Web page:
There are many provider-, patient- and organization-level barriers suggested that may be hindering the implementation of outpatient arthroplasty procedures in Canada. Most of these barriers can be overcome with communication between the various care providers combined with adequate patient and caregiver education. Communication is essential for establishing new pathways within hospitals and to ensure efficient patient care within a shorter timeline prior to discharge. Education for patients and caregivers could alleviate safety concerns and ensure they are comfortable with managing their own pain and dressing changes as well as reduce unnecessary trips to the emergency room when concerns arise. A key incentive of its implementation for hospitals is the proposed cost savings, which can help alleviate the large economic burden arthroplasty procedures represent by reinvesting cost savings into arthroplasty programs to provide more procedures and reduce waitlists. Ultimately, many patients believe that home is the best place to recover,28 however more research is required to fully elucidate the effects of outpatient discharge on patient safety and cost savings as there are currently no high-quality randomized control trials or full economic analyses published in the literature. With committed leadership, this paradigm shift in the post-operative care of arthroplasty patients is imminently possible in collaboration with patients, caregivers, allied health care workers and other key stakeholders.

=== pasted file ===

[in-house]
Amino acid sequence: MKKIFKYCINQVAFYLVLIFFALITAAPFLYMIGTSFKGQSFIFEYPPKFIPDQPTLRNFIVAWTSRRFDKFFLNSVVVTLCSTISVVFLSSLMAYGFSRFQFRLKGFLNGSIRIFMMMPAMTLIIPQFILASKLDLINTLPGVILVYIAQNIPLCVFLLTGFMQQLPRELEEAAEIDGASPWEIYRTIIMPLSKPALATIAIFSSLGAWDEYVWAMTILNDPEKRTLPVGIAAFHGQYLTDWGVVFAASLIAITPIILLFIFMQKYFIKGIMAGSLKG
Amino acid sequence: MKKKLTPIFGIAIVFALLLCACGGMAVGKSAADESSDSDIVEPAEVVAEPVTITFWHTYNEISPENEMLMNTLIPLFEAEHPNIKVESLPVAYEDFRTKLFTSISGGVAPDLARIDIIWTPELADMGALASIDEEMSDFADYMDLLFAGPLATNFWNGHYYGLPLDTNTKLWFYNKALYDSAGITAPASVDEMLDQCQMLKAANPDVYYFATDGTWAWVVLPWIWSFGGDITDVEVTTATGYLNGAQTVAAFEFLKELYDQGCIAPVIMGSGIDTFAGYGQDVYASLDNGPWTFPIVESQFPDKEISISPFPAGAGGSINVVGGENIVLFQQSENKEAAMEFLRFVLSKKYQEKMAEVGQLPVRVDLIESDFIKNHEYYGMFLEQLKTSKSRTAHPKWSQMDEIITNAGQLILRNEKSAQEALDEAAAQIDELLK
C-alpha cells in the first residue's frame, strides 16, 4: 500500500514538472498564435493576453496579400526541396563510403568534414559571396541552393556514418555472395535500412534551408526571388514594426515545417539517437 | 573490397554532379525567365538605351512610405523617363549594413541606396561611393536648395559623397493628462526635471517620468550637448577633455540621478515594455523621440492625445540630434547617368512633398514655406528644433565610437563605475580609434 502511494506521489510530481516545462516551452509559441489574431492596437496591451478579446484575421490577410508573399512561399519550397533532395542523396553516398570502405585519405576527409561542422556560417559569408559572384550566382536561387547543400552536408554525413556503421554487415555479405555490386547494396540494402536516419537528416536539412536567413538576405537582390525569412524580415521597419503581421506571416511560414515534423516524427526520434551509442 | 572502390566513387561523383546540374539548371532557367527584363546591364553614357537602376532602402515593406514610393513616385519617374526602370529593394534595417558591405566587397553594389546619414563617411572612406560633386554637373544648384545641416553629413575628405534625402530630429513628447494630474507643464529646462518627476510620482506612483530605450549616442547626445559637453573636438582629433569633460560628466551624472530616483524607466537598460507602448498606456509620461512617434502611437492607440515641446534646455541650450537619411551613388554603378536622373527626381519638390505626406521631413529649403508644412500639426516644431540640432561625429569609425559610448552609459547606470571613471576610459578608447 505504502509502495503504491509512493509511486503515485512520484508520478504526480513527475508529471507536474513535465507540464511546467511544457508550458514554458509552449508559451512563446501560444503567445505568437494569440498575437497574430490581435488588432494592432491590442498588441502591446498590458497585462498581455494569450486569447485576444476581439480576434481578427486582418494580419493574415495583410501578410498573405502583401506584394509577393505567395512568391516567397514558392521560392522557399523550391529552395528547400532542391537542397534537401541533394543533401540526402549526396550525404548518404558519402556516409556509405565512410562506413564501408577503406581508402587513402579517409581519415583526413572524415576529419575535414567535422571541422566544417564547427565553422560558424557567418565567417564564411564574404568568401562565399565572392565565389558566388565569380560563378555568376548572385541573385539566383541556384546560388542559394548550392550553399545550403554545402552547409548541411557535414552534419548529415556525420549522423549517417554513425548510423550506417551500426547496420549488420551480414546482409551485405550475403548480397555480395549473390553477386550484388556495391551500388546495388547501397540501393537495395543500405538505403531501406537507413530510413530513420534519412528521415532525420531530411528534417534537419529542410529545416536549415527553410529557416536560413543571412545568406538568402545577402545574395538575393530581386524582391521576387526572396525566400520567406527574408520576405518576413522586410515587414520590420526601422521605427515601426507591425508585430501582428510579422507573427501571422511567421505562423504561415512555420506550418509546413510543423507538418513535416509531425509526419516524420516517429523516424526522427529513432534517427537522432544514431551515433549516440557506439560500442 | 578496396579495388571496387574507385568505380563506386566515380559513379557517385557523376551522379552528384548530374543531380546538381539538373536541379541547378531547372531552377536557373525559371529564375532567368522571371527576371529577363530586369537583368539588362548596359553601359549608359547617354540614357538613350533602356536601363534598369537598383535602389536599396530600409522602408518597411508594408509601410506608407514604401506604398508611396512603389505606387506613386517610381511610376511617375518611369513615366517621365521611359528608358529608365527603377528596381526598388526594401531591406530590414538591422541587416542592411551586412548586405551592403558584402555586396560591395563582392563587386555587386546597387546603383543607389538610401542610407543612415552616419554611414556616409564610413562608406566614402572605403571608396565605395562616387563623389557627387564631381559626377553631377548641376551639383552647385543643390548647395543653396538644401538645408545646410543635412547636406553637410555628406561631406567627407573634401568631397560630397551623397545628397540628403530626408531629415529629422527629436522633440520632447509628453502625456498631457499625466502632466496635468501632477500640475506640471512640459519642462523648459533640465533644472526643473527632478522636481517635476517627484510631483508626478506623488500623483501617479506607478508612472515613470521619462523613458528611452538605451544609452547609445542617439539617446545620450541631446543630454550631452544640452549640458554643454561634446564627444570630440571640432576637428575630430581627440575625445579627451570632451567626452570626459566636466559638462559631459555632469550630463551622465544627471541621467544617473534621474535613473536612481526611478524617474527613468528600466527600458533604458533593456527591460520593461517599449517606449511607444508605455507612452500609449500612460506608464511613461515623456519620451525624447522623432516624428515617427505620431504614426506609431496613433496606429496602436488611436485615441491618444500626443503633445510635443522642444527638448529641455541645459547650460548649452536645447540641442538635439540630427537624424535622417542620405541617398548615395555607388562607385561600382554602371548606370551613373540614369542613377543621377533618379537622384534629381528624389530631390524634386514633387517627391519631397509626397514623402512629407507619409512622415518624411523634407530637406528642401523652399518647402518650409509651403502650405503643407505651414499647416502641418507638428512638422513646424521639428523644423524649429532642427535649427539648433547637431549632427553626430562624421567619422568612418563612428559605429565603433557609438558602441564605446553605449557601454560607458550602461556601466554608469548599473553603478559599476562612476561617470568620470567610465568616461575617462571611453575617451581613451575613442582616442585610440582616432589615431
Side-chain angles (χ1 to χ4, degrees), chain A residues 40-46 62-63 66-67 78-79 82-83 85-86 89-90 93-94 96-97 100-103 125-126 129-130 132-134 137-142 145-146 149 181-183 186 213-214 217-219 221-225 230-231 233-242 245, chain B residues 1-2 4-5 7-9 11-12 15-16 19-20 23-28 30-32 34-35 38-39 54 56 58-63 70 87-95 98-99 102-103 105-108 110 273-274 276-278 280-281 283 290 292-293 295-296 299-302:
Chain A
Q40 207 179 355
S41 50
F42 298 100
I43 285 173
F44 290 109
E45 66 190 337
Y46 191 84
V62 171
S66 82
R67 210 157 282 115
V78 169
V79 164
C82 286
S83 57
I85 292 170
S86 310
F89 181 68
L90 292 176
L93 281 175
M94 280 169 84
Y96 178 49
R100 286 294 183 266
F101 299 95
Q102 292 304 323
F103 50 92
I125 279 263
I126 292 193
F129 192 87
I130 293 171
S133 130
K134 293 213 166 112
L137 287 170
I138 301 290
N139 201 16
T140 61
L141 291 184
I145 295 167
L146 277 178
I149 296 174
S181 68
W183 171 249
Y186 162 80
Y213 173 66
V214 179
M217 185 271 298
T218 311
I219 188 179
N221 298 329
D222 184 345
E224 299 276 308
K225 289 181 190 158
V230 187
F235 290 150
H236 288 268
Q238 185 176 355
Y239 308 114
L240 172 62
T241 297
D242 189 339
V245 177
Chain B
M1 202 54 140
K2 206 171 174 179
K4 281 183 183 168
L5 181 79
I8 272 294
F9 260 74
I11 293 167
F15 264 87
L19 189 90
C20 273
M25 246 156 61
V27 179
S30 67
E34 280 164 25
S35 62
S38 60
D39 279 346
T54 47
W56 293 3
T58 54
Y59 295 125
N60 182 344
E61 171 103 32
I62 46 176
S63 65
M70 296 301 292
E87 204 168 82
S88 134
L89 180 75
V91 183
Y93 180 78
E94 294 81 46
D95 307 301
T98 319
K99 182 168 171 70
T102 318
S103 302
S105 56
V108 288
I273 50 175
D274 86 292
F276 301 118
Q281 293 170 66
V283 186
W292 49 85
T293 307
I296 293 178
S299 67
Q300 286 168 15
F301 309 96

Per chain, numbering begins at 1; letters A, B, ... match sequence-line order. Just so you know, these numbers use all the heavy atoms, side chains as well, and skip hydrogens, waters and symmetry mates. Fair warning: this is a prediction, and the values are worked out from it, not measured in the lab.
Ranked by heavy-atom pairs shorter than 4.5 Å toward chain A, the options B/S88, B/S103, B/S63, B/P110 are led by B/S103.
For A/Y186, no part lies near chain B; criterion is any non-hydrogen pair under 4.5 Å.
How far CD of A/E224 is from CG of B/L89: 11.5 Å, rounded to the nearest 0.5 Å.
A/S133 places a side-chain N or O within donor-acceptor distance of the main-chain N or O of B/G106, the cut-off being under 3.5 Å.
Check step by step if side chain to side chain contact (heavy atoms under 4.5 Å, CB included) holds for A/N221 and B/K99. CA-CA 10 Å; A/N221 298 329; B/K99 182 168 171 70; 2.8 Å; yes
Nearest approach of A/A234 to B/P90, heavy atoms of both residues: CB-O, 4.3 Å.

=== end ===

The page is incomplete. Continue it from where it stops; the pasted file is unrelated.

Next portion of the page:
Dr. Brent Lanting is supported by the Opportunities Fund of the Academic Health Sciences Centre Alternative Funding Plan of the Academic Medical Organization of Southwestern Ontario (AMOSO).
Dr. Brent Lanting has a role with Health Quality Ontario helping to set up the outpatient care pathway. Dr. Brent Lanting reports grants from PSI Foundation, personal fees and institutional support from DePuy, Smith & Nephew and Stryker, outside the submitted work. Dr. James Howard reports personal fees and institutional support from Stryker and Smith & Nephew, grants, personal fees, and institutional support from DePuy, personal fees from Intellijoint, and institutional support from Zimmer and Microport, outside the submitted work. The authors report no other relevant conflicts of interest in this work.